Close-up of button batteries.
 
 
 
 
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Sign the petition for safe products

It should be illegal to sell unsafe products. No child should be put in hospital because of dangerous button batteries.

 

Add your name to tell the Consumer Affairs Minister that businesses should have to make sure the things they sell in Australia are safe.

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Demand an end to dangerous button batteries

Button batteries have killed two children in Australia since 2013. These products have seriously injured scores more. 

The industry knows they have a problem. There is a voluntary code that sets out exactly how to make products containing button batteries safe, but too many businesses are ignoring it. CHOICE testing in February 2019 found that 10 out of 17 common household products containing button batteries did not meet the requirements of the code – children would be able to easily access, and swallow, the button batteries. 

Why is this happening? Because there aren't serious, financial consequences for businesses doing the wrong thing. The code is voluntary with no fines for non-compliance, and more broadly it is not illegal to sell unsafe products in Australia.

With deadly button batteries, dangerous cots and strollers, exploding Thermomixes and Takata airbags all making headlines and injuring Australians, it’s clear we need stronger product safety laws in Australia.

How many more children will die or be maimed by button batteries and other dangerous products before this loophole in the law is fixed?

Infographic depicting 10 household products with button batteries which failed CHOICE's safety tests.

FAQs

In July 2018, CHOICE released safety test results for cots and strollers showing that alarming numbers fail key safety tests.

Despite having certification to say they pass legal requirements, a large number of the products we tested consistently fail to meet the mandatory standard, the voluntary standard, or both:

  • Portable cots (60 tested from 2011–2018): 98% or 59 failed
  • Strollers (129 tested from 2012–2018): 91% or 118 failed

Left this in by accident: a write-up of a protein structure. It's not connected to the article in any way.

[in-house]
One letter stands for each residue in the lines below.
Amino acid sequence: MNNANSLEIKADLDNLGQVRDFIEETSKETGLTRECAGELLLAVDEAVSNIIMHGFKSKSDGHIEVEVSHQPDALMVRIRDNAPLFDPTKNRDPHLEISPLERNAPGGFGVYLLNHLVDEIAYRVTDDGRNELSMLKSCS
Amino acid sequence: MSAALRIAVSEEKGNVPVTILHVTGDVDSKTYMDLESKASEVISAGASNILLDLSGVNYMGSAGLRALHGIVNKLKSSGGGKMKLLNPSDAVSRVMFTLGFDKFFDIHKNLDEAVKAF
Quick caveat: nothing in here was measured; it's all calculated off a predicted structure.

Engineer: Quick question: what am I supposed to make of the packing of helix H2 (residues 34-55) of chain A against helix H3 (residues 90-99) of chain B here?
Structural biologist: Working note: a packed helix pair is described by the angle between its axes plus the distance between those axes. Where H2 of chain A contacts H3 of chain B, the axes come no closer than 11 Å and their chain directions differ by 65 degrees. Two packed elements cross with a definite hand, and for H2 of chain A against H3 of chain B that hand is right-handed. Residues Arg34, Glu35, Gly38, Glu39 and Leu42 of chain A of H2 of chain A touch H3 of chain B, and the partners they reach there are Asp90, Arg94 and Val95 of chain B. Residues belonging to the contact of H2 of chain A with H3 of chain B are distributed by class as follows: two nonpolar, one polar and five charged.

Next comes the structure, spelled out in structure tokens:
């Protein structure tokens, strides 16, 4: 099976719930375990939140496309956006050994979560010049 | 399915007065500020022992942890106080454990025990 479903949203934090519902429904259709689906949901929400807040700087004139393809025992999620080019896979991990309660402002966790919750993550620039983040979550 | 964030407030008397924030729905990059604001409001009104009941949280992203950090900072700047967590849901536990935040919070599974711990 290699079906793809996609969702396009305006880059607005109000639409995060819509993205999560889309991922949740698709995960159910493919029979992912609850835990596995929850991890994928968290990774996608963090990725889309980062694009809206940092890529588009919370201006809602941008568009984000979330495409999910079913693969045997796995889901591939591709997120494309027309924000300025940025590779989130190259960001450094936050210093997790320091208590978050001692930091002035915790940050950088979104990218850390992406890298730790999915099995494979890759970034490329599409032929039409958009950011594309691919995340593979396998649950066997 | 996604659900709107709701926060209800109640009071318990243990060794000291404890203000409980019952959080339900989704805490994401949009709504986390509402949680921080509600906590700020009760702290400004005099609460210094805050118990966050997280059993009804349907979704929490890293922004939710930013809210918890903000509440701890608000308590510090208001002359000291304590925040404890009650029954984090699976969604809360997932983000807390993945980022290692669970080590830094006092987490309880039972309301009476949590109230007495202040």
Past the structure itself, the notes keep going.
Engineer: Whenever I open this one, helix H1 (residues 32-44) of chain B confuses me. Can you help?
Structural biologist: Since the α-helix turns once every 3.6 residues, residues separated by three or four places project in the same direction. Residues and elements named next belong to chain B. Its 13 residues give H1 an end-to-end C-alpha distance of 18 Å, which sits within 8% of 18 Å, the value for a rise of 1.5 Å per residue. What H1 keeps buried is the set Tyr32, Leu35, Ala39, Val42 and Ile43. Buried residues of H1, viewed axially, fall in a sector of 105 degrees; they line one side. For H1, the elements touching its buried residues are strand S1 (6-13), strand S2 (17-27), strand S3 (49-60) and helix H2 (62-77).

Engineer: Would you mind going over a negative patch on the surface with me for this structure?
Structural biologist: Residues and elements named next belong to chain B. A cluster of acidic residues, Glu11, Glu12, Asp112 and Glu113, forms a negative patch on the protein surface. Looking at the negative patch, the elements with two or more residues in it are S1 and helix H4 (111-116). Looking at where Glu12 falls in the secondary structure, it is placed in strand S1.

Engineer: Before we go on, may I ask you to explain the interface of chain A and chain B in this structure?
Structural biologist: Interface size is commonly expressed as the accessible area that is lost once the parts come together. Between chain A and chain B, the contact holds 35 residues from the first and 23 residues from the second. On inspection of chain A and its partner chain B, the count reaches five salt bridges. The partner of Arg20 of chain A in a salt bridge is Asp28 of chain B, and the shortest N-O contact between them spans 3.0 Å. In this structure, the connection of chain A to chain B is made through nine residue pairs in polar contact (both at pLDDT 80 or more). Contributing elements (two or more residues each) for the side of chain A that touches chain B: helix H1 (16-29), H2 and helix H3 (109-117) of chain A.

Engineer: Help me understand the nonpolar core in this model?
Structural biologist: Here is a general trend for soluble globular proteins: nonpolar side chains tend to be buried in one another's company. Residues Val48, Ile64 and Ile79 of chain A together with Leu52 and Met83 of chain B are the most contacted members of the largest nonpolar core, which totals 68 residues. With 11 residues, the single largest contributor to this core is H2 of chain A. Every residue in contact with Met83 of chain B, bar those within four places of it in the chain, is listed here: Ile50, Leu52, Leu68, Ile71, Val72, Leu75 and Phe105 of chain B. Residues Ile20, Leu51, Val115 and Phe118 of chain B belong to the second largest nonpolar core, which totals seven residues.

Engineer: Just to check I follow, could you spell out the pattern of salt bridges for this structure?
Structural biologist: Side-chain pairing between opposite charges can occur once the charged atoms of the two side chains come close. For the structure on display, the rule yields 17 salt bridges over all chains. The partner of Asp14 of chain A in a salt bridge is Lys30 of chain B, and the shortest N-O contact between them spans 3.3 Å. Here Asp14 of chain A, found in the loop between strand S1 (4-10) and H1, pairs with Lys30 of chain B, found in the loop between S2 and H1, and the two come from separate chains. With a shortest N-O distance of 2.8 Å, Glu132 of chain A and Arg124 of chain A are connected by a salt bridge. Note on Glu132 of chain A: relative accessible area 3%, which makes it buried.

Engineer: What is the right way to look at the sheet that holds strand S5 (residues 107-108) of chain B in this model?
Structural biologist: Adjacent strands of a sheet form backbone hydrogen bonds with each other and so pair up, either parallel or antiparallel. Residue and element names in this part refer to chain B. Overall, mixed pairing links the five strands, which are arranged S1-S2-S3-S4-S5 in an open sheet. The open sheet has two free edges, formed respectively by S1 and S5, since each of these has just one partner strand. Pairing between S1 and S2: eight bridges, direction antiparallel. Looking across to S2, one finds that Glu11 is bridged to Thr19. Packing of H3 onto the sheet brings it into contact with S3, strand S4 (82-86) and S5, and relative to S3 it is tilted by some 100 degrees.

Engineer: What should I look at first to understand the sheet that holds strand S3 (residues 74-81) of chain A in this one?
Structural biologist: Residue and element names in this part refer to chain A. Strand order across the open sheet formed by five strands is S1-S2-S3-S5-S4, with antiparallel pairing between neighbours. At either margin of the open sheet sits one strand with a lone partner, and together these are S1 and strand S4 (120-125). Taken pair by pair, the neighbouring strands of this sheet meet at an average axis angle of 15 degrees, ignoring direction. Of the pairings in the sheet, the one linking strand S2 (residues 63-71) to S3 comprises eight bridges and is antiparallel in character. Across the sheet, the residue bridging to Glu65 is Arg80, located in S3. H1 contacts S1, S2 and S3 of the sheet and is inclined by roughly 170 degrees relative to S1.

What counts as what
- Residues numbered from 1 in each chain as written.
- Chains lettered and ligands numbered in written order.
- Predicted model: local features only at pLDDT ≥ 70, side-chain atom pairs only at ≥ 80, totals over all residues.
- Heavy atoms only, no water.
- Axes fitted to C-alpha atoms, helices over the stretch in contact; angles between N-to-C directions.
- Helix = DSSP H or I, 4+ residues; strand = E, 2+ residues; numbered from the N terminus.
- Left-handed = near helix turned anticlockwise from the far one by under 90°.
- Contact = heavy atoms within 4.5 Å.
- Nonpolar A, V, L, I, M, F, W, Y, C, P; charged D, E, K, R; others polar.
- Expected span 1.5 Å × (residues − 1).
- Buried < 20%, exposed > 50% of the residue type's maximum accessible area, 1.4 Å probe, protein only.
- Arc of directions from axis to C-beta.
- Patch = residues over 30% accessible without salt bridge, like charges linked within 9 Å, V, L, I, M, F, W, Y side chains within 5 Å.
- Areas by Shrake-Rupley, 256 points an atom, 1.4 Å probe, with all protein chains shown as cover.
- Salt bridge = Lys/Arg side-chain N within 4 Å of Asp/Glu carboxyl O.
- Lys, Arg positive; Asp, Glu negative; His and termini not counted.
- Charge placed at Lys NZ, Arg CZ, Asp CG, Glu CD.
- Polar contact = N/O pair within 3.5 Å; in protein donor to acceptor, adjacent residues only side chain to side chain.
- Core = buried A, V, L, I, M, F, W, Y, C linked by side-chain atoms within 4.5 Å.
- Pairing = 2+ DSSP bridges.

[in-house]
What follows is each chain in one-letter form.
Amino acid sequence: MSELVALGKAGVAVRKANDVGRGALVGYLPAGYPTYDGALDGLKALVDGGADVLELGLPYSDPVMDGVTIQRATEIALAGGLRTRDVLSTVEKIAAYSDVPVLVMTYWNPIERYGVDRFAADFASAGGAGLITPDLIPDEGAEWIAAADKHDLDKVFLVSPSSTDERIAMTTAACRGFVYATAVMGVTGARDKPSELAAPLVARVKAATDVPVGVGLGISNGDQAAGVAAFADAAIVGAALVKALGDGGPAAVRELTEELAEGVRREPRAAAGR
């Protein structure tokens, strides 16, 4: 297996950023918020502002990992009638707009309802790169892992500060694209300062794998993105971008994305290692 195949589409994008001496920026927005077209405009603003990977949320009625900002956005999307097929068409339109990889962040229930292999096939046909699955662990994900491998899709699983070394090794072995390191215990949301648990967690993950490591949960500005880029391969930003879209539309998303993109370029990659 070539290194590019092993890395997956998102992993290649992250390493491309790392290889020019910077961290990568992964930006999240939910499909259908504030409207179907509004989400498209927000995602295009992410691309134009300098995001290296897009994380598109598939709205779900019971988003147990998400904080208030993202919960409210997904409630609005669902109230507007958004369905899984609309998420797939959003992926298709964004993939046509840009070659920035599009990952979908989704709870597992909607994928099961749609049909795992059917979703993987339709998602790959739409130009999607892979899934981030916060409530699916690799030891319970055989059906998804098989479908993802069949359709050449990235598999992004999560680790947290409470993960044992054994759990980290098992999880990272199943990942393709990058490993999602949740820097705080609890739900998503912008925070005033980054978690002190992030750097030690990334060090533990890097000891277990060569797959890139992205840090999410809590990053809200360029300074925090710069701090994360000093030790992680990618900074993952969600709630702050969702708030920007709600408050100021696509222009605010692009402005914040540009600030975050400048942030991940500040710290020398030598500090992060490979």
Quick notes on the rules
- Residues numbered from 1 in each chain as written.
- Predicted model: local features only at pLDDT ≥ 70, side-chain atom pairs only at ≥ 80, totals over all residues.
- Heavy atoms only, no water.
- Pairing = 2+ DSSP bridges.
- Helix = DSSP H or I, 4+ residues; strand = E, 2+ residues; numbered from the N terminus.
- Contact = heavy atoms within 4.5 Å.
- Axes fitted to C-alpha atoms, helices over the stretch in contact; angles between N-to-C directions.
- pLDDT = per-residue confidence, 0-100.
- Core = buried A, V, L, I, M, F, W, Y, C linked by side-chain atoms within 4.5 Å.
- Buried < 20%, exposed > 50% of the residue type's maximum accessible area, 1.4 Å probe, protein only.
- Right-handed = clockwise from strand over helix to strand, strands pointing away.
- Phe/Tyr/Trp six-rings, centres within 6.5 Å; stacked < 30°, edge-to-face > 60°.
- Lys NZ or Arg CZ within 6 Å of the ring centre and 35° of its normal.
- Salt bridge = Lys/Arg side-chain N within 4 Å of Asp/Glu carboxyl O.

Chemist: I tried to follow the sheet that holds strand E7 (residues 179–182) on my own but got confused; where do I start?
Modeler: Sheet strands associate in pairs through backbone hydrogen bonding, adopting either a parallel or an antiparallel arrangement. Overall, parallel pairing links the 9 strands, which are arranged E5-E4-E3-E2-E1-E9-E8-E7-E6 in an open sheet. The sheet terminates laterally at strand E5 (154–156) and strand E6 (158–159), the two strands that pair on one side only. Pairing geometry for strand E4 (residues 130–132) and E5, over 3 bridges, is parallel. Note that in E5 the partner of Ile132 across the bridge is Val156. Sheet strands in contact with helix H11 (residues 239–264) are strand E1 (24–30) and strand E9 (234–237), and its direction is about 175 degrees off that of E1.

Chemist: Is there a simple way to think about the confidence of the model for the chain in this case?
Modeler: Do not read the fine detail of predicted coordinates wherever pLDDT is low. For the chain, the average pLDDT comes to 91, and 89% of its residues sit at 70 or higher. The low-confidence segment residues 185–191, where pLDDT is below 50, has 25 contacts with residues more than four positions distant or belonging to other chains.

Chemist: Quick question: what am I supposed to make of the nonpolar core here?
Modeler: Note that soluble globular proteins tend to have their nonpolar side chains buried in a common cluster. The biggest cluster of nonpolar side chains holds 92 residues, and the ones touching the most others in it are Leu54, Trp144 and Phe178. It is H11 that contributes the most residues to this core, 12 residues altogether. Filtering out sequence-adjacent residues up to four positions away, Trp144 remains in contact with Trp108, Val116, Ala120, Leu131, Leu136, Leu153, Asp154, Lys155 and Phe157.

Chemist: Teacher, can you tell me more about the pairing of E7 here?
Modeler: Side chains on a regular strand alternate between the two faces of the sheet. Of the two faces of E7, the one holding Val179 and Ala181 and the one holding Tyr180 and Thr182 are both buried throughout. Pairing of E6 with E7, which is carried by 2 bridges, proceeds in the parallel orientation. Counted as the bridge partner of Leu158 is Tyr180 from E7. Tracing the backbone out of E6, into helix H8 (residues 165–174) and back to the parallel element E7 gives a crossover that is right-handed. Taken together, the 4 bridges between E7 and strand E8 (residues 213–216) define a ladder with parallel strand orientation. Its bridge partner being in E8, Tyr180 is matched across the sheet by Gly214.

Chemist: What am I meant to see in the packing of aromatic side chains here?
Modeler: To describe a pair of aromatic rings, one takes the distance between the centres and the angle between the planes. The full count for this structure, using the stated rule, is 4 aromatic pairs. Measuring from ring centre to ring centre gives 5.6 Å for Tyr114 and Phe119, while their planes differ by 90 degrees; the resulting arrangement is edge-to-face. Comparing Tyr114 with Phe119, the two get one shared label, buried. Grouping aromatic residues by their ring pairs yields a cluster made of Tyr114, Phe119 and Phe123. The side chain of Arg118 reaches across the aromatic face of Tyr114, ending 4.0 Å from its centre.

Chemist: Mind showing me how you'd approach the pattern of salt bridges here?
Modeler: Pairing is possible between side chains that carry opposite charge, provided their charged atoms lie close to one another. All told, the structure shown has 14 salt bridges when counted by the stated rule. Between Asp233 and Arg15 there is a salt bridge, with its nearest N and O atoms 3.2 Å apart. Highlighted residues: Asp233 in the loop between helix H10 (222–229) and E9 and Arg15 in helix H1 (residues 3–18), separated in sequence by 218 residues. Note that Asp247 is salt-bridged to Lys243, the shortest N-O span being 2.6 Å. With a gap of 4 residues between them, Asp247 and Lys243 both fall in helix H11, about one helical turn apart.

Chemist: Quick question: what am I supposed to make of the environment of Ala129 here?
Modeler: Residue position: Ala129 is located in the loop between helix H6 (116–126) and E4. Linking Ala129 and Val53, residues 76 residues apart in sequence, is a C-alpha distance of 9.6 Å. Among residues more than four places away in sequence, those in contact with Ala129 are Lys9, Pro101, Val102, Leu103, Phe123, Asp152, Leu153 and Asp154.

• Cots (139 tested from 2012–2017): 68% or 94 failed

Some of these tested products carry risks of strangulation, suffocation or finger, limb, neck and head entrapment, while others may allow a baby to fall out onto the ground or pierce their skin on sharp protruding edges.

The failures are categorised as:

  • very minor (for example, warning labels not present)
  • minor (for example, sharp edges, finger entrapment hazards)
  • serious (for example, suffocation or strangulation hazards).

We want a new law for safe products. This will be a simple, clear law that says if you’re a business who sells a product in Australia, it must be safe. If the law is breached, it should attract a hefty fine.

We also want the voluntary code for button battery safety to be made mandatory, with fines for businesses who don't comply. Many children have been directly injured by button batteries, and two children in Australia have died. The risks of button batteries are extremely serious, and we know exactly how to make these products safe - keep the batteries secured. The voluntary code sets out how to do this, and it should be mandatory. 

It will encourage businesses to think about the safety of their products earlier – with the threat of being hit with big fines if they don’t.

Under the current law, businesses tend to react to product safety problems. We want them to actively try to prevent them. We see individuals fight for remedies after a product injures them, or a business may launch a voluntary recall months or years after becoming aware of a safety risk. This isn’t good enough – we want safer markets.

This new law will give businesses a better incentive to make sure their products are safe before they start selling them.

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